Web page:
All records are among the 10 warmest places in the nine years spanning 2013-2021, according to an annual report published Thursday by the US National Oceanic and Atmospheric Administration (NOAA), the latest data outlining the global climate crisis.
For 2021, the average temperature at global surfaces was 1.51 degrees Fahrenheit (0.84 degrees Celsius) above the 20th century average, making the year the sixth warmest year on record overall, which goes back to 1880.
NOAA also uses a 21-year period from 1880 to 1900 as a surrogate to assess pre-industrial conditions, and found that 2021 global land and sea temperatures were 1.87F (1.04C) above average.
In a separate analysis of global temperatures released by NASA, 2021 was tied with 2018 as the sixth warmest on record.
Both data sets differ slightly in their assessment from the European Union’s Copernicus climate change service, which found that 2021 was the fifth warmest on record tracking back to the mid-19th century.
The increase in the abundance of atmospheric greenhouse gases since the Industrial Revolution – such as carbon dioxide, methane, nitrous oxide and halogenated compounds – is primarily the result of human activity and is largely responsible for the observed increase.
Climate scientists say it’s important to keep warming within 1.5C (2.7F) by the end of the century to avert the worst impacts – from mega-storms to mass die-offs in coral reefs and destruction of coastal communities .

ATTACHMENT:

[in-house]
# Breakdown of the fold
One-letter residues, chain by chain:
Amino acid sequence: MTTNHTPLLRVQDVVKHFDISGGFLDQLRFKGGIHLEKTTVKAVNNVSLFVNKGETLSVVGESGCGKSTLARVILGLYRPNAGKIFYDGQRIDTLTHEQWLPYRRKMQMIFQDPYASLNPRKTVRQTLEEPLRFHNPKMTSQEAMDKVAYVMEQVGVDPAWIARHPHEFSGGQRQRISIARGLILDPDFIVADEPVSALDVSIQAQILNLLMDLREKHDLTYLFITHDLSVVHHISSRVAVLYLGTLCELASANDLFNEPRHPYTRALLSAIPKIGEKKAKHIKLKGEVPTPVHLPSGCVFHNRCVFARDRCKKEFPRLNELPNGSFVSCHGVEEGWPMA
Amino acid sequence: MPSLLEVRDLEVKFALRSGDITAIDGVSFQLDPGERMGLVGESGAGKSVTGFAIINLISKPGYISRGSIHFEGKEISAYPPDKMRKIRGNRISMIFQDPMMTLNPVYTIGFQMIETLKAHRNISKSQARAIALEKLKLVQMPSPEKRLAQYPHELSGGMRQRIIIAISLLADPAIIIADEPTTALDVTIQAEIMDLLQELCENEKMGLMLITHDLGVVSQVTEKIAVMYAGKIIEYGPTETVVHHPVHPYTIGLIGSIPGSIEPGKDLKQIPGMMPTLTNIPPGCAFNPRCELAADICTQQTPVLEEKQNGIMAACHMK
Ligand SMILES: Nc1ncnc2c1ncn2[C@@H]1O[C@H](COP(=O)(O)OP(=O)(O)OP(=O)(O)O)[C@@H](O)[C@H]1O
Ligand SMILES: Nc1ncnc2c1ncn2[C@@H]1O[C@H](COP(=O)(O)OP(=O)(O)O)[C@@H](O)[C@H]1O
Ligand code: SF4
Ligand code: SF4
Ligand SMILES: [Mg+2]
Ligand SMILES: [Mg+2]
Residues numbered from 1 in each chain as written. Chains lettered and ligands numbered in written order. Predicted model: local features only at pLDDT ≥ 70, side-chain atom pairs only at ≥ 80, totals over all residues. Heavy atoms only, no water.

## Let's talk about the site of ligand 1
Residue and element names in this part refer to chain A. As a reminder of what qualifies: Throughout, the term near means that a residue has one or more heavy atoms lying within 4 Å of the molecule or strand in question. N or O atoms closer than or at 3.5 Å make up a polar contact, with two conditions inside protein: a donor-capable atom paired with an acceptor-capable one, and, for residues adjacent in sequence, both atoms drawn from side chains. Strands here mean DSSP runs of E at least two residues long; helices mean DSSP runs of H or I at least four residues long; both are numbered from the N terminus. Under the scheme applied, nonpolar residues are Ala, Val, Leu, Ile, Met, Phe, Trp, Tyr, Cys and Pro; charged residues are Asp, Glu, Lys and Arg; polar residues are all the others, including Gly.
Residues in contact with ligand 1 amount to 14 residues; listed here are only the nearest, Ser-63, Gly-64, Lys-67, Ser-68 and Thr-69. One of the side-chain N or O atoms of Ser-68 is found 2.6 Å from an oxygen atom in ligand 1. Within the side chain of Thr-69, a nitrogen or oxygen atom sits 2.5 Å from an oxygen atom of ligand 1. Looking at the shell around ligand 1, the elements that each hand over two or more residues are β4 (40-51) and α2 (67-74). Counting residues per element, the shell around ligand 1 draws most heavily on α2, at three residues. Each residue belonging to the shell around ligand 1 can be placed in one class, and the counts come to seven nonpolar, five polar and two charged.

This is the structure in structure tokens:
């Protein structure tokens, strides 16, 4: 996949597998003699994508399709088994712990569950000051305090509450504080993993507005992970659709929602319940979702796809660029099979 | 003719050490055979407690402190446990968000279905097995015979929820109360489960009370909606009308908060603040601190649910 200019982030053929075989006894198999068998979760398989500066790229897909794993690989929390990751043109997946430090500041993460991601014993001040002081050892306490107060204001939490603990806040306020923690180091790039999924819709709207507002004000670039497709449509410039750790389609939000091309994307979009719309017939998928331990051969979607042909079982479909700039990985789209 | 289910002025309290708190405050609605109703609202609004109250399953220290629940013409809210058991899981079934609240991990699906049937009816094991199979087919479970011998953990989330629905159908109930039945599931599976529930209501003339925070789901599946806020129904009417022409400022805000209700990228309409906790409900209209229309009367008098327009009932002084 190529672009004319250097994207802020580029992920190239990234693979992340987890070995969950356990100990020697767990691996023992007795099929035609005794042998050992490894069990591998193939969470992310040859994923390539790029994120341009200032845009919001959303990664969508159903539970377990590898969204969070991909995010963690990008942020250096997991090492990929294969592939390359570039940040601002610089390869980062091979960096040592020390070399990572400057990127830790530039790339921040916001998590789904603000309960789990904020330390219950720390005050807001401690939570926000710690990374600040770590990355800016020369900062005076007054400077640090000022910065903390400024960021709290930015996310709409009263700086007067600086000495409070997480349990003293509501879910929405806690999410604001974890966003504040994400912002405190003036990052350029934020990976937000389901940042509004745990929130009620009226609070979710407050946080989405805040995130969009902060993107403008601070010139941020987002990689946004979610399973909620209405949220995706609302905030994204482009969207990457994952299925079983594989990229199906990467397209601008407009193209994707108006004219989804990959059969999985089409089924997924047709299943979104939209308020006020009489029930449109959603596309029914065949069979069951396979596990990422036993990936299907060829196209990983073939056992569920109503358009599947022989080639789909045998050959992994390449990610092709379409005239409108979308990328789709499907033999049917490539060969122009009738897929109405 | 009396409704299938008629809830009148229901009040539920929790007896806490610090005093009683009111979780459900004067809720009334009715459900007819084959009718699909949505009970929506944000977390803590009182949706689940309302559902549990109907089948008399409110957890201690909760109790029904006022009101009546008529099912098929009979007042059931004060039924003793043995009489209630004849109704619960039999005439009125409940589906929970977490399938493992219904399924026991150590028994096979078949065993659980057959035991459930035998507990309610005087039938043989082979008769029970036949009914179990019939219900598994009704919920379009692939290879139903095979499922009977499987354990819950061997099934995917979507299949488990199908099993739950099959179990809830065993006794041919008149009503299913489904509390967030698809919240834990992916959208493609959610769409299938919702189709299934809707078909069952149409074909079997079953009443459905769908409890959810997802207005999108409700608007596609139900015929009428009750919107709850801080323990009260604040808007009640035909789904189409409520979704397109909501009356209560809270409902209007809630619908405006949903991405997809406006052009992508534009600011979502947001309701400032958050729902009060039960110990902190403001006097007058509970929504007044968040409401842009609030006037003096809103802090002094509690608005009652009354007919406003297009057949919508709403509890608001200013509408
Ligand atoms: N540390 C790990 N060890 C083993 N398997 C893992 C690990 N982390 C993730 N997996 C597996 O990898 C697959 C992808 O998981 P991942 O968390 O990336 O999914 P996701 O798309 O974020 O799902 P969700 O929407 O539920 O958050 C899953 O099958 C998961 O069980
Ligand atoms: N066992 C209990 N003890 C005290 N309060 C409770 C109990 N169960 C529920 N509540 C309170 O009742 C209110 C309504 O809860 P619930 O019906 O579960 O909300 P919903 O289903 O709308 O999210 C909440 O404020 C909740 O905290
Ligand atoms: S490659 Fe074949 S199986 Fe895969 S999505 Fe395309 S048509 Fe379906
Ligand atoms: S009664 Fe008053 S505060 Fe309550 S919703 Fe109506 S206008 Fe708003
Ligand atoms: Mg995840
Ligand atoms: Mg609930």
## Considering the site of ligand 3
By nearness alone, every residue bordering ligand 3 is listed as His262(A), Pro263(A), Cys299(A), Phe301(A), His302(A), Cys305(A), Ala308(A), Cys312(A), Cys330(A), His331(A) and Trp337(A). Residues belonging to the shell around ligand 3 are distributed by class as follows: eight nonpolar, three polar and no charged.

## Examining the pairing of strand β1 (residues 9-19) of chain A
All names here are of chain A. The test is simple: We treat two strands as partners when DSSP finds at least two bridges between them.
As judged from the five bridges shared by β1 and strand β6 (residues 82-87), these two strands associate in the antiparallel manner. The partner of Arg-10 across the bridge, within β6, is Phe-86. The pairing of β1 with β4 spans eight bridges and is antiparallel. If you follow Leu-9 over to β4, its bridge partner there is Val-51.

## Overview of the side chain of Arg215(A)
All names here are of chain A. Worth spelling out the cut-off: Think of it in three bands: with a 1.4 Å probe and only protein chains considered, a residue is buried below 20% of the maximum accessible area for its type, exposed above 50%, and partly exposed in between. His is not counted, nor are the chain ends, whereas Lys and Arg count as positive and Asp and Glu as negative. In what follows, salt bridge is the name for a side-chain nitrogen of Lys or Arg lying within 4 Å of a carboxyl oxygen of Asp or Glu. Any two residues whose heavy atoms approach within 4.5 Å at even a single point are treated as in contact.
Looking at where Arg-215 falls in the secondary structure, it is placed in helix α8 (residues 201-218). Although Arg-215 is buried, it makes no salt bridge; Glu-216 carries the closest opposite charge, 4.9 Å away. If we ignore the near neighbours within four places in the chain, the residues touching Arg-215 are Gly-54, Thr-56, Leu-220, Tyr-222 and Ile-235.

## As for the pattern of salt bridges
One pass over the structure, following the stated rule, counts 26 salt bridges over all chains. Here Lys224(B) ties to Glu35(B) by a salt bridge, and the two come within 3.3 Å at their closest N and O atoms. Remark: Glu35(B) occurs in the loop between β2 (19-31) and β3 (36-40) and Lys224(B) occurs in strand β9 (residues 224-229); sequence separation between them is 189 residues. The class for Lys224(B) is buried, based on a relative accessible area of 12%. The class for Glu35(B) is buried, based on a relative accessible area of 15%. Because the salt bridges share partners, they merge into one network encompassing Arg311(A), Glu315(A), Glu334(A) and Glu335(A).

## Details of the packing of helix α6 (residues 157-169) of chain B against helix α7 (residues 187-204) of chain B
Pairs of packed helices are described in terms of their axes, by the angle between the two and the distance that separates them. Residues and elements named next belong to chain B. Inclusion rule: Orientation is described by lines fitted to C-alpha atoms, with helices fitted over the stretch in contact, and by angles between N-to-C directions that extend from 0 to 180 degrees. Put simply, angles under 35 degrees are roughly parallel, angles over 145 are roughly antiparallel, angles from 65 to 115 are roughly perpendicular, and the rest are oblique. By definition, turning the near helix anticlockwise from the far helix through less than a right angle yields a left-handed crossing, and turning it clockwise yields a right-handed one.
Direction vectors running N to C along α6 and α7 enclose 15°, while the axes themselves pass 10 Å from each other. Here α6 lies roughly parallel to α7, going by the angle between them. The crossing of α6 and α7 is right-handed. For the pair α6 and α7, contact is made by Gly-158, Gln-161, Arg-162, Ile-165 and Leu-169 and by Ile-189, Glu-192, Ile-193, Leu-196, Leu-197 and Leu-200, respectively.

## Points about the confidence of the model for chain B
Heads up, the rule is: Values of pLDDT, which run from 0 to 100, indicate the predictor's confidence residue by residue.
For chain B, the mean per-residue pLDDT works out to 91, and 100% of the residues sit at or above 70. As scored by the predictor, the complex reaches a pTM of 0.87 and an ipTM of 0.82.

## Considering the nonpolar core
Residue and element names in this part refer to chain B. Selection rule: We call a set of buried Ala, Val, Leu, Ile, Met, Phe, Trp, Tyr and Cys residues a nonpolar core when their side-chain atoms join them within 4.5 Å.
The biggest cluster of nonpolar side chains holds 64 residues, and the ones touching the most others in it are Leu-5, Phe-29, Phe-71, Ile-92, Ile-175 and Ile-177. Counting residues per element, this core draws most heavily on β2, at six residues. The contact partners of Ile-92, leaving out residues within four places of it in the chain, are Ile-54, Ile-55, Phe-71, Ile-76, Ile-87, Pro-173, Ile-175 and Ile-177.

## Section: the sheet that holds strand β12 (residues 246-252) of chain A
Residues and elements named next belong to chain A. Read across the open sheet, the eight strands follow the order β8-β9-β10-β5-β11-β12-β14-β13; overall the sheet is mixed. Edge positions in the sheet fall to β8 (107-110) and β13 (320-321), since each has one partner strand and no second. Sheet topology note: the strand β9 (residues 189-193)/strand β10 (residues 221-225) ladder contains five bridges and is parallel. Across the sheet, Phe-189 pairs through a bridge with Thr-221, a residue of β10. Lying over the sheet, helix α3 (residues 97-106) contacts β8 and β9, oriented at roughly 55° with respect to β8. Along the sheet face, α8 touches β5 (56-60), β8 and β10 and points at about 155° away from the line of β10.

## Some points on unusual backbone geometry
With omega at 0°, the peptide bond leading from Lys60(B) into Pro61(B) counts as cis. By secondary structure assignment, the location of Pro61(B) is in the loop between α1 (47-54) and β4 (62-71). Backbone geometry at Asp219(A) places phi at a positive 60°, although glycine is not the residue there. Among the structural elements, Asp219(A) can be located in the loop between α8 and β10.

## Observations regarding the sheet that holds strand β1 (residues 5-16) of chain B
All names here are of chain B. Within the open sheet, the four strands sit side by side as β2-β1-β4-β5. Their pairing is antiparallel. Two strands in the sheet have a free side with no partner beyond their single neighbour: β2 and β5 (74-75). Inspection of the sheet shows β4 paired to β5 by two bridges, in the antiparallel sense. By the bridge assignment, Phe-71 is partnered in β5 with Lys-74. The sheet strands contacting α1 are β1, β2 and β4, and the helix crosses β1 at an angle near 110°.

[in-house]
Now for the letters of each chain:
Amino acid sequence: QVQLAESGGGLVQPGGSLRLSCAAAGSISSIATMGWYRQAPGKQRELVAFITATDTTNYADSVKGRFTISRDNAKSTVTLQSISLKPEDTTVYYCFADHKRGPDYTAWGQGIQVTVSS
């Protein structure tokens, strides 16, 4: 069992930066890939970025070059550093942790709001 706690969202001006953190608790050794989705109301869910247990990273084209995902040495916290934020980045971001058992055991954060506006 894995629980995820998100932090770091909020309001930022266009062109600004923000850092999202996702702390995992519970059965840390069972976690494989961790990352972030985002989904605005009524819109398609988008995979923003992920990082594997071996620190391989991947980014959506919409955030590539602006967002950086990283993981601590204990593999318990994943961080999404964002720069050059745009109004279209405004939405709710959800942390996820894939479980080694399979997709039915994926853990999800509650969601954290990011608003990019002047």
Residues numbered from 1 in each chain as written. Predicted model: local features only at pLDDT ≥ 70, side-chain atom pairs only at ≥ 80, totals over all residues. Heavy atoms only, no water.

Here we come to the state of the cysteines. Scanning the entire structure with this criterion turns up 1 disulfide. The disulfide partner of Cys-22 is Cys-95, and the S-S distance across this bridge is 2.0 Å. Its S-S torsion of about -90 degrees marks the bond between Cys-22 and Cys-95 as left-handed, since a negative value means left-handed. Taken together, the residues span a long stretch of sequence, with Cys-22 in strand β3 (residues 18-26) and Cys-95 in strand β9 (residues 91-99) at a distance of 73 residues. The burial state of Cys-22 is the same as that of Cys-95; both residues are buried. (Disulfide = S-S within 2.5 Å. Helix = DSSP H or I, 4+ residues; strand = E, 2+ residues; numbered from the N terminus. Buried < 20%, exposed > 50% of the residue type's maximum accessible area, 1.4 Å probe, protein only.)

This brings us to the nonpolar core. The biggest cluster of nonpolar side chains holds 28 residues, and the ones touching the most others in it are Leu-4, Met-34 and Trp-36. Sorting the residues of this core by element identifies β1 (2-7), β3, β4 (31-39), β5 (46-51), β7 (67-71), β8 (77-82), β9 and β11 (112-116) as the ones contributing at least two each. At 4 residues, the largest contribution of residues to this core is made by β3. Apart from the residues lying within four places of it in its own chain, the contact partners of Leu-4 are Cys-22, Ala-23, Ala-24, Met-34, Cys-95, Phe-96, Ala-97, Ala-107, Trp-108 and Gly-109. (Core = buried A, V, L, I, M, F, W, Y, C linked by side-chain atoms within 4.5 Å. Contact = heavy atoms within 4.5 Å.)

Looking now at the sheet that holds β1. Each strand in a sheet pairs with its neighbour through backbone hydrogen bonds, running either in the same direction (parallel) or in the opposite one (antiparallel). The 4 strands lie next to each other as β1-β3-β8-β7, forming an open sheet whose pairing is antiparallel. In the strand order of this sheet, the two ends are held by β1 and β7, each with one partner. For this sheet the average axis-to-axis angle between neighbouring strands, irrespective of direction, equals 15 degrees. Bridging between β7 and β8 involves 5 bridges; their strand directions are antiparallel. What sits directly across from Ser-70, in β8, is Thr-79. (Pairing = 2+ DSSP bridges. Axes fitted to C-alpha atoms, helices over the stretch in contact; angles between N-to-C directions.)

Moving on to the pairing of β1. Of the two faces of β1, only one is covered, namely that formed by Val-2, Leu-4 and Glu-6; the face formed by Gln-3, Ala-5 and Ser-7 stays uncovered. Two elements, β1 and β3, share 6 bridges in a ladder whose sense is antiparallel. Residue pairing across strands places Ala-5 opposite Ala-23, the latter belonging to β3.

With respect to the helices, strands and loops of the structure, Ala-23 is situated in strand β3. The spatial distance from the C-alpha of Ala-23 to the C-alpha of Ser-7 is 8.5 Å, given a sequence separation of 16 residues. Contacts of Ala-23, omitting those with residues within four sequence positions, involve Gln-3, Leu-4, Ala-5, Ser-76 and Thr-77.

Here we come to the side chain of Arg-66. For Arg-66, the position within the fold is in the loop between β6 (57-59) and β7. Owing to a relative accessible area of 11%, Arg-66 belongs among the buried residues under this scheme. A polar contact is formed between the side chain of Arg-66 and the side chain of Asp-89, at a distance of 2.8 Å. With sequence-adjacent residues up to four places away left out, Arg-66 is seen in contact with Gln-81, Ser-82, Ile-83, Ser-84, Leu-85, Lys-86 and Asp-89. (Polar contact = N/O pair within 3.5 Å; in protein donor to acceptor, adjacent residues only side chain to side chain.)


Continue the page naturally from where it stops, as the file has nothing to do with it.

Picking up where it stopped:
The impacts have been felt increasingly in recent years – including record-shattering wildfires in Australia and Siberia, once-1,000 years of heatwaves in North America and extreme rainfall that have swept Asia, Africa, the Americas and Europe. There has been a heavy flood.
Despite the start of the year in a cold phase due to the El Nio Southern Oscillation (ENSO) episode in the central and eastern tropical Pacific Ocean, 2021 saw warmer records.
Notably, the Northern Hemisphere land surface temperature was the third highest on record. The southern hemisphere surface temperatures of 2021 were the ninth highest on record.
Land heat records were broken in parts of North Africa, southern Asia and southern South America in 2021, while parts of the Atlantic and Pacific Oceans saw record-high sea surface temperatures.
No cold records were broken for land or sea areas.
The average annual Northern Hemisphere snow cover was 9.3 million square miles (24.3 million square kilometers), the seventh smallest annual snow cover in the 1967–2021 record.
Meanwhile, with the exception of September and December, Arctic sea ice levels in each of the months of 2021 were in the top-10 lowest levels for those respective months.
On the other hand, the year 2021 had an above-average global tropical cyclone activity with 94 named storms, tying 1994 as the tenth highest in a year.
Climate change increases sea surface temperatures, a major factor influencing cyclone formation and behavior.
(This story has not been edited by NDTV staff and is auto-generated from a syndicated feed.)